The premise is that a cure for ageing has been found. Not a cure for death – you can still succumb to accident, disease or indeed murder, but assuming you retain our health and keep out of harms way you can live infinitely. John Farrell takes the cure when he is in his late twenties and the novel follows him through his extended life, including his time as an end specialist where he assist those who have taken the cure but basically had enough to take their own lives. There’s a lot more to this than just John’s story of course; there’s background on how the cure came to be and a pretty good summation of the likely impact on society – how will resources be allocated if people are still being born but very few are dying, as well as who actually gets access to the cure in the first place. There are of course various fanatics with extremist views and John has to face up to his life in the end. I enjoyed reading this and would recommend if you are in a dystopian frame of mind.

Adamtine by Hannah Berry

An unsettling horror story in graphic novel form, about a man who was involved in a range of disappearances by delivering notes to the victims, but who has always denied any further responsibility for what may have happened to them. Acquitted of being the killer, we find that he himself ends up being murdered and the book gives us hints about how this might have happened; the author has talked about wanting to show us how the consequences of minor actions can lead to major outcomes, in this case the death of a man. The book is dark in both tone and artwork, and the action takes place on a virtually empty last train of the night. It is creepy, unsettling and needs to be read more than once to really work out what’s going on; no answers are presented to the reader. it stuck with me for some time after I read it and I haven’t picked it up again so far, but I know I will.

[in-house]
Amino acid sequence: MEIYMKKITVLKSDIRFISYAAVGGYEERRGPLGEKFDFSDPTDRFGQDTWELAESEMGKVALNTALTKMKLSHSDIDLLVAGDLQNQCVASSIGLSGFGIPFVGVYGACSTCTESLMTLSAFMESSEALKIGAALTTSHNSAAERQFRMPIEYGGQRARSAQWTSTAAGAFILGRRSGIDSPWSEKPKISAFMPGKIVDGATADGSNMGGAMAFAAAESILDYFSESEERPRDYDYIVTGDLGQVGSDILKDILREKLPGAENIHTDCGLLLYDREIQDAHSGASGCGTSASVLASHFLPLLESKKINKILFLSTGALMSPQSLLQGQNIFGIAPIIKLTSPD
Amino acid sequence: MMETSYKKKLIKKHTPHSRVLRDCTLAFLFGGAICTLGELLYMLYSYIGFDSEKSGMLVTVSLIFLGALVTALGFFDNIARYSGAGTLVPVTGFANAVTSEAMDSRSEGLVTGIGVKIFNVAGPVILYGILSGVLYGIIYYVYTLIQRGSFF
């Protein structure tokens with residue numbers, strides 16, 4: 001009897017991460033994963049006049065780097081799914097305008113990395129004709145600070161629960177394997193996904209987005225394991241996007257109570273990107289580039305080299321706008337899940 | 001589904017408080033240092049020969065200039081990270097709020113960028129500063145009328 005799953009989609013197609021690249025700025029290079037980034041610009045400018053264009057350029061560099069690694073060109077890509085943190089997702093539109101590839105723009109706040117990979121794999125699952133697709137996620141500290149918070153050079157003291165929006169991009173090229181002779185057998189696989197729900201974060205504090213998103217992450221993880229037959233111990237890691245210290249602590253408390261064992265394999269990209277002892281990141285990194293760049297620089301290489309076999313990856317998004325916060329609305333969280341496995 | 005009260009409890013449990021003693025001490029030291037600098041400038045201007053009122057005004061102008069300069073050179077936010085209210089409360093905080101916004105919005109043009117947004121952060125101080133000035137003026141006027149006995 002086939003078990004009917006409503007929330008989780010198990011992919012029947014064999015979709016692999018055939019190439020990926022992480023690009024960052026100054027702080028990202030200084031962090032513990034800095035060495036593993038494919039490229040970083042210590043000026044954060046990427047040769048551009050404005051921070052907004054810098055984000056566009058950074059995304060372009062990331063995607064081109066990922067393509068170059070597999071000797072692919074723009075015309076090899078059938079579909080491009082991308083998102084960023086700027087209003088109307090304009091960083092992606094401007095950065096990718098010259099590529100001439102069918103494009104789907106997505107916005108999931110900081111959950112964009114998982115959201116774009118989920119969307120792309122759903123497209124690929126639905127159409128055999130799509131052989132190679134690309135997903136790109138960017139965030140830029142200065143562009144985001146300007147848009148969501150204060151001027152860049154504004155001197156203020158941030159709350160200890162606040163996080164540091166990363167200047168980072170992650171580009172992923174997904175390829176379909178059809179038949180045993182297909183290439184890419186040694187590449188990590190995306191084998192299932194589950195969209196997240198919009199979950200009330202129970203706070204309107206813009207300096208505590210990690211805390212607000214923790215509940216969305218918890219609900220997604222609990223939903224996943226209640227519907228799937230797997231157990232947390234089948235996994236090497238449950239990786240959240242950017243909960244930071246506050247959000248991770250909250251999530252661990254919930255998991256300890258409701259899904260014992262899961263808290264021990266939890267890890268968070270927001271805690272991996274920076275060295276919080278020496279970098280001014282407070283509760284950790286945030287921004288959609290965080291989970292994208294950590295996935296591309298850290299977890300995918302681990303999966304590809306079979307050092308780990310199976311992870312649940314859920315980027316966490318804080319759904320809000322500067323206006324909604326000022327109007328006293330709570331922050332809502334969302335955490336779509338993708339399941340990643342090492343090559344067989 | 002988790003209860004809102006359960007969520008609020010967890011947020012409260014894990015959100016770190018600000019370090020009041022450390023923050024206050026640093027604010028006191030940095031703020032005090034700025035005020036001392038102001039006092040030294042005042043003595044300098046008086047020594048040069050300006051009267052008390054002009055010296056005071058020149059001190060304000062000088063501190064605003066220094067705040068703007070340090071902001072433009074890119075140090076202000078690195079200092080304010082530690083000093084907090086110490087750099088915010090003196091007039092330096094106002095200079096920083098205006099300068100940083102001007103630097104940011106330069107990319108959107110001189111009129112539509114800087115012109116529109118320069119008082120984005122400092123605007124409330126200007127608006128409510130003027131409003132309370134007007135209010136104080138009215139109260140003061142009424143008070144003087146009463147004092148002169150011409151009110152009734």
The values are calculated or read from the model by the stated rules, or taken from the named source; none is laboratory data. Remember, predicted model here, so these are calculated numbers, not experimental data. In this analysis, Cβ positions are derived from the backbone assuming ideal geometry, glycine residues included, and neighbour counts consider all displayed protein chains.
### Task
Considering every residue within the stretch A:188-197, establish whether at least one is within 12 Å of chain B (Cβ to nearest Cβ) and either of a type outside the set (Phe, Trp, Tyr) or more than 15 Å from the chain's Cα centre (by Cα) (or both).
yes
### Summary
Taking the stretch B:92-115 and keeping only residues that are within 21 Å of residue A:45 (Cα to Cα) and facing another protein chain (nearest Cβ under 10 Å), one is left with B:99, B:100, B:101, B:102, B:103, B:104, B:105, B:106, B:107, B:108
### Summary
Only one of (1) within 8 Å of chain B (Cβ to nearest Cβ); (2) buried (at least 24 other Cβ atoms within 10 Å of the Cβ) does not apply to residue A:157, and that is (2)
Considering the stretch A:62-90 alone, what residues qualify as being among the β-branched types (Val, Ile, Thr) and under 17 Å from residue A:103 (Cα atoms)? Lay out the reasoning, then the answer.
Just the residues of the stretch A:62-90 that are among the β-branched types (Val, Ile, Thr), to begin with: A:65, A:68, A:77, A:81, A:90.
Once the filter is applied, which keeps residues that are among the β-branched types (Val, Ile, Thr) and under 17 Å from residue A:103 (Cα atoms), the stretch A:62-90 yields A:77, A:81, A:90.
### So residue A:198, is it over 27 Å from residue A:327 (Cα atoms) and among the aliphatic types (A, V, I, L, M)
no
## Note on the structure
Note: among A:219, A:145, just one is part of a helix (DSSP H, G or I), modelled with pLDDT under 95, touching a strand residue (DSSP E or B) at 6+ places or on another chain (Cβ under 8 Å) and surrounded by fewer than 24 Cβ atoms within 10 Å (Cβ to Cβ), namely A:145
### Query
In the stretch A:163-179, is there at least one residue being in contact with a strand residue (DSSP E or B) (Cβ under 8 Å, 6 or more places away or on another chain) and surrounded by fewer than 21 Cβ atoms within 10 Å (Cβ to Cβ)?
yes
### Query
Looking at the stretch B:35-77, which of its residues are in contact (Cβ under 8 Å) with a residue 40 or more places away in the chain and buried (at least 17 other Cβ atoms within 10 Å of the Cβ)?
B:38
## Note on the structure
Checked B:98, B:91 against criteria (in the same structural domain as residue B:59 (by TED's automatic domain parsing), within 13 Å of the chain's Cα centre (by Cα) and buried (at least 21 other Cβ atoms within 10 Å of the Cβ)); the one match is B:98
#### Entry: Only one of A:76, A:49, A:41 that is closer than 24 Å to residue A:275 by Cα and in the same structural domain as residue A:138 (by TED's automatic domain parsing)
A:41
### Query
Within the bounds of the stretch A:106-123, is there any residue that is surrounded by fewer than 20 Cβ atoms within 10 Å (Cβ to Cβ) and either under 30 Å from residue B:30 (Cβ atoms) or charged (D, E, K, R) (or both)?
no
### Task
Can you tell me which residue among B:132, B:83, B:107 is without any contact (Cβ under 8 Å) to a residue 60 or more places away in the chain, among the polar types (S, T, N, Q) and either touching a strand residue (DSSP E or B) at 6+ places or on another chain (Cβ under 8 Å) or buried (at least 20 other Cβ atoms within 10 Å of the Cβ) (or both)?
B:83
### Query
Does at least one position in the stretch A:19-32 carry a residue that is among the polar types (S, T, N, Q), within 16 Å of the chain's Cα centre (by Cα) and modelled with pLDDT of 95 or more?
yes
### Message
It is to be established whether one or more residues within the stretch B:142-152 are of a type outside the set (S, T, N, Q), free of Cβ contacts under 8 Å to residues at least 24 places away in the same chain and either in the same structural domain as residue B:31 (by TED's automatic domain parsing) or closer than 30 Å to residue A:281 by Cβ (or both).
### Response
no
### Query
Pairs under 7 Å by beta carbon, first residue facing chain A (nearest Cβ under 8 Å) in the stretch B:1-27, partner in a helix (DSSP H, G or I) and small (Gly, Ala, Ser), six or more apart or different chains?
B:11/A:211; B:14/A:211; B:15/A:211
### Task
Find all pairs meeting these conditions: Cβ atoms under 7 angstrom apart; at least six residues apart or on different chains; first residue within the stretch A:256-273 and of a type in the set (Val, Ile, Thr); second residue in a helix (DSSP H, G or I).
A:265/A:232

Six Stories & Hydra by Matt Wesolowski